There are places on this planet where life goes by at a rapid pace; places where people and animals and other breathing things rush about as if there were many important things to be done; places where if you were, say, a greengrocer it might be very tough keeping your shelves stocked. Flagstaff is very much like one of these places - but exactly the opposite. It is a place where things move slowly, most notably the traffic.
Flagstaff (population 55,000) lounges idly at 7000ft above sea level, in the northern part of the state of Arizona, atop a geological formation called the Mogollon ('mow-geee-yawn') Rim. The rim is a large volcanic flow of what is now basalt rock, which does a rather fine job of separating the northern Ponderosa pine forests from the southern deserts, and a rather fine job of overheating any cars trying to scale its heights.
Flagstaff is the largest city on top of the rim and sits at the foot of Mount Humphreys, Arizona's tallest mountain. At 12,631ft Humphreys' peak is a unique feature. It is a dormant volcano that occasionally gives the Flagstaff locals a small earthquake to get excited about, and it features six natural biological zones and a ski area. A walk from the foot of the peak to the top is said to be like a walk from Mexico to Alaska in terms of biological diversity (though probably shorter).
It might be worth noting, as well, that Flagstaff is surrounded by the largest contiguous stand of Ponderosa pine trees in the entire world. Completely cut down and cleared around the turn of the 20th Century, the local forests have come back with a vengeance only nature can bring forth. The hordes of tourists find them charming, and the local forest rangers and firefighters find them frightening.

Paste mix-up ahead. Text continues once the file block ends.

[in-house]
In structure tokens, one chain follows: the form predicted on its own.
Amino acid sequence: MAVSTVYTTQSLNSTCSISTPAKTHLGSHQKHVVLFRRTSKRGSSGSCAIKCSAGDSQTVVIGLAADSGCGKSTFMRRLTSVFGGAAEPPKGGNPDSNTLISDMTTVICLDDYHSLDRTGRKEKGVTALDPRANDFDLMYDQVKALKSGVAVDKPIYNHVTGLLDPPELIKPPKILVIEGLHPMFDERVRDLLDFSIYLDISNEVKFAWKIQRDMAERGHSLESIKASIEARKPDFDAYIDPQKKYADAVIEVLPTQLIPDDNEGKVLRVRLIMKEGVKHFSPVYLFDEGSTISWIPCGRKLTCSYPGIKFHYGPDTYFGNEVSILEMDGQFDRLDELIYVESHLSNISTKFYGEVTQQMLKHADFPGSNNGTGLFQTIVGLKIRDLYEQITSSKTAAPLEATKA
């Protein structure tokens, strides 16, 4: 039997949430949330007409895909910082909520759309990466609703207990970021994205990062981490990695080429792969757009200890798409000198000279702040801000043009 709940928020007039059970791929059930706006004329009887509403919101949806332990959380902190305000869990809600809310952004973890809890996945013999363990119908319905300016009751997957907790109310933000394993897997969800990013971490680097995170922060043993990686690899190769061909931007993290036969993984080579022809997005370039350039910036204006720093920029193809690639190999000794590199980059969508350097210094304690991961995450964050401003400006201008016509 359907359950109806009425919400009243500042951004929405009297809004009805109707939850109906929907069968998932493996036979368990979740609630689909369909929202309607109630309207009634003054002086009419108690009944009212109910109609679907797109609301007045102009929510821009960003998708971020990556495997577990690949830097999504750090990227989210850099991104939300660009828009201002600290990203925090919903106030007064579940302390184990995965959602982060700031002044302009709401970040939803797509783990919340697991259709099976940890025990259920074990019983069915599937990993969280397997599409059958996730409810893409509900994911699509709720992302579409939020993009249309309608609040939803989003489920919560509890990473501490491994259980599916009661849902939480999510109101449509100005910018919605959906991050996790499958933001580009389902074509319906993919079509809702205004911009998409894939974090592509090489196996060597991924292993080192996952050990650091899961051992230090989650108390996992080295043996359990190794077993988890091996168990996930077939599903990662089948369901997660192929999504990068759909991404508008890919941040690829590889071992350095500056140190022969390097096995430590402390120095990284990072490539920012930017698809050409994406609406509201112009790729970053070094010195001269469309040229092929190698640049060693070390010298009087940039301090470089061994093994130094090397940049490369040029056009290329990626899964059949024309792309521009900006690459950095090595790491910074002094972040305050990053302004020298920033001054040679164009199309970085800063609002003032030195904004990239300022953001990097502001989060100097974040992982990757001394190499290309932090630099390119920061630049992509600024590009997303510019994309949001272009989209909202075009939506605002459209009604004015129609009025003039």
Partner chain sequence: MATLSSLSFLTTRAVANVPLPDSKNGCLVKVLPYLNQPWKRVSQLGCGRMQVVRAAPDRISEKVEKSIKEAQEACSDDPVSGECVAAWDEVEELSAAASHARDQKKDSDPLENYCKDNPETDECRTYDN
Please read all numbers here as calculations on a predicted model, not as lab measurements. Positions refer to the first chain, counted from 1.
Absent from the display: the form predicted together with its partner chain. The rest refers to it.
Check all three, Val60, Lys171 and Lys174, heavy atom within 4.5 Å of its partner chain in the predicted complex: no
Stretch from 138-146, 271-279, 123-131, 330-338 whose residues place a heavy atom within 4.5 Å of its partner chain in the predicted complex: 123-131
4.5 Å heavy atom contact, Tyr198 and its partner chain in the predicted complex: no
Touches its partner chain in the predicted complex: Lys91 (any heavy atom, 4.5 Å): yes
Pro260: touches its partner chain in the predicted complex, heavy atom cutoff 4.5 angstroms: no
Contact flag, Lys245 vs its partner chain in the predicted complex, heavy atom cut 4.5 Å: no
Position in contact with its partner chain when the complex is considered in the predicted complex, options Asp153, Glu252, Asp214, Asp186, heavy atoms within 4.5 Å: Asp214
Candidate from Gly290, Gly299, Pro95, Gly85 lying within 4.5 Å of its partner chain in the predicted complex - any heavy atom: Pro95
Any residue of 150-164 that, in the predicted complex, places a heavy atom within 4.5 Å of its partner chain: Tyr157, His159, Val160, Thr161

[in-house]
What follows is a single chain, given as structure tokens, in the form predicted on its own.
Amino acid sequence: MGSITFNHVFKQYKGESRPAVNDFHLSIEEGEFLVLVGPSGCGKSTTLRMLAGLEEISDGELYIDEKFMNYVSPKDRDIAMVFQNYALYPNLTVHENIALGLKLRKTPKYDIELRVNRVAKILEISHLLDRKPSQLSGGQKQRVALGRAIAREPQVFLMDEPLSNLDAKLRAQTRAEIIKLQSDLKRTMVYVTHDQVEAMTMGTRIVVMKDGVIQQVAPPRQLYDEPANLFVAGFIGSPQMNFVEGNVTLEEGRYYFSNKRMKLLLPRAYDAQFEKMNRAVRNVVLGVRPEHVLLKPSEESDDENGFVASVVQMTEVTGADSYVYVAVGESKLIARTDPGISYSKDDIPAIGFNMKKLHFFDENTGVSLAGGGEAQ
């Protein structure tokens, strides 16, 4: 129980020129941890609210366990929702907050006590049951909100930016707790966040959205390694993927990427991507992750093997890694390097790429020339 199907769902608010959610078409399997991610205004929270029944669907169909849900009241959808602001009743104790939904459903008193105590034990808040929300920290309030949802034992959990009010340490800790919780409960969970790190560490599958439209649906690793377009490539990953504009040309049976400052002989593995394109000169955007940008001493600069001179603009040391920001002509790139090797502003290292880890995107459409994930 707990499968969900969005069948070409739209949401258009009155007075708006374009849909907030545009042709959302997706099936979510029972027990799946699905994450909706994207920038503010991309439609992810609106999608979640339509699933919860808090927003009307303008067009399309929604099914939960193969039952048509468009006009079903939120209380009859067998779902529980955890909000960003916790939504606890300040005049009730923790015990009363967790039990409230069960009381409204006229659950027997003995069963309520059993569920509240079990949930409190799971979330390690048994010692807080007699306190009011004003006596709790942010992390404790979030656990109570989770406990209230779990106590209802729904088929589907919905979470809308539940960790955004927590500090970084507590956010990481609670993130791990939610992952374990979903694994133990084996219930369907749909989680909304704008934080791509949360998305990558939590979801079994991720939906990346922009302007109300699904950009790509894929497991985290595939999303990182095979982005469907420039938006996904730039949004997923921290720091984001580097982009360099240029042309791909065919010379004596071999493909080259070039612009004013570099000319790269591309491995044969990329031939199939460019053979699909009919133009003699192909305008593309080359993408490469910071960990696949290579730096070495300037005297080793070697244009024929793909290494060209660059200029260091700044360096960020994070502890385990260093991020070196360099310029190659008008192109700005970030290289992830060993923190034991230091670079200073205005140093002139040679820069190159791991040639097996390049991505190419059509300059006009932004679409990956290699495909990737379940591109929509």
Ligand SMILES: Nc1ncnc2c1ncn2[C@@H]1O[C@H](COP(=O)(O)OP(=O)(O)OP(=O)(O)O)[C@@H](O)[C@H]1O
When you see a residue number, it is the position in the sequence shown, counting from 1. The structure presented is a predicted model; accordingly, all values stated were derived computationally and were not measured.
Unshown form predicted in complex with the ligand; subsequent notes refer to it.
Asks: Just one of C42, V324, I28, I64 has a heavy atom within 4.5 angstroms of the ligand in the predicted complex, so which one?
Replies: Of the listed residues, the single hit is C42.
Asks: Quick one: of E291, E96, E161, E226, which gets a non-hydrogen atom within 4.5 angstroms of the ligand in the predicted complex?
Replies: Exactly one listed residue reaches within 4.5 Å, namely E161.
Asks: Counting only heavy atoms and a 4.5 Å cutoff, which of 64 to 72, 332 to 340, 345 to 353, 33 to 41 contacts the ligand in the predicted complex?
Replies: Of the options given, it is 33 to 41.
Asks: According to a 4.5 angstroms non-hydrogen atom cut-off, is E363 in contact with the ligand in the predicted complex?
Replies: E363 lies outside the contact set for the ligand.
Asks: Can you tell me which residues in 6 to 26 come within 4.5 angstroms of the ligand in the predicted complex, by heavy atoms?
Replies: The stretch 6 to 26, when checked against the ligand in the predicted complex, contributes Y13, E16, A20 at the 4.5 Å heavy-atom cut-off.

Flagstaff is a real tourist Mecca located a mere one hour's drive from one of the world's seven natural wonders, the Grand Canyon. Also in the area are the lovely Red Rocks and tacky strip malls of Sedona, Arizona - a real New Age Mecca. Flagstaff is also located near to the Painted Desert, the Petrified Forest, Meteor Crater and a very large other-worldly landscape of volcanic cinder cones and lava fields. All of this adds up to more hotel rooms than can be filled even on the nicest summer days, and streets that, unlike the hotel rooms, fill up before the many McDonalds serve the first McWhatever.
This is not to say that Flagstaff is not a charming place. It is. For the minority of people who make a fair living outside the tourism industry, Flagstaff can be a wonderful place to raise family, poultry, or both.
With its proximity to the largest Native American reservation anywhere, and the fact that there is a full-scale university (Northern Arizona University) in the town, Flagstaff has culture. Not Paris culture, not even San Francisco culture, but culture all the same: a laid-back, relaxed sort of culture; a place that has more artists and Master's degrees per capita than maybe any place you have ever been to. Chances are, the person serving your morning latte is smarter than you. Compared to Phoenix (the large horrid sprawling metropolis 155 miles to the south) Flagstaff is a welcome Bohemia.
The Flagstaff Experience
To sum up: in Arizona - a state losing its identity in the onslaught of new residents all from 'somewhere else' - Flagstaff is unlike anywhere else. Flagstaff provides a more authentic Western experience than probably anywhere else. That experience will range in history and scope from the original 'Old West' to the depth of Native Culture; from the history of the train to the golden age of Route 66; from exciting outdoors activities to laid-back coffee shop sitting.
Flagstaff offers its residents and its visitors an unmatched experience.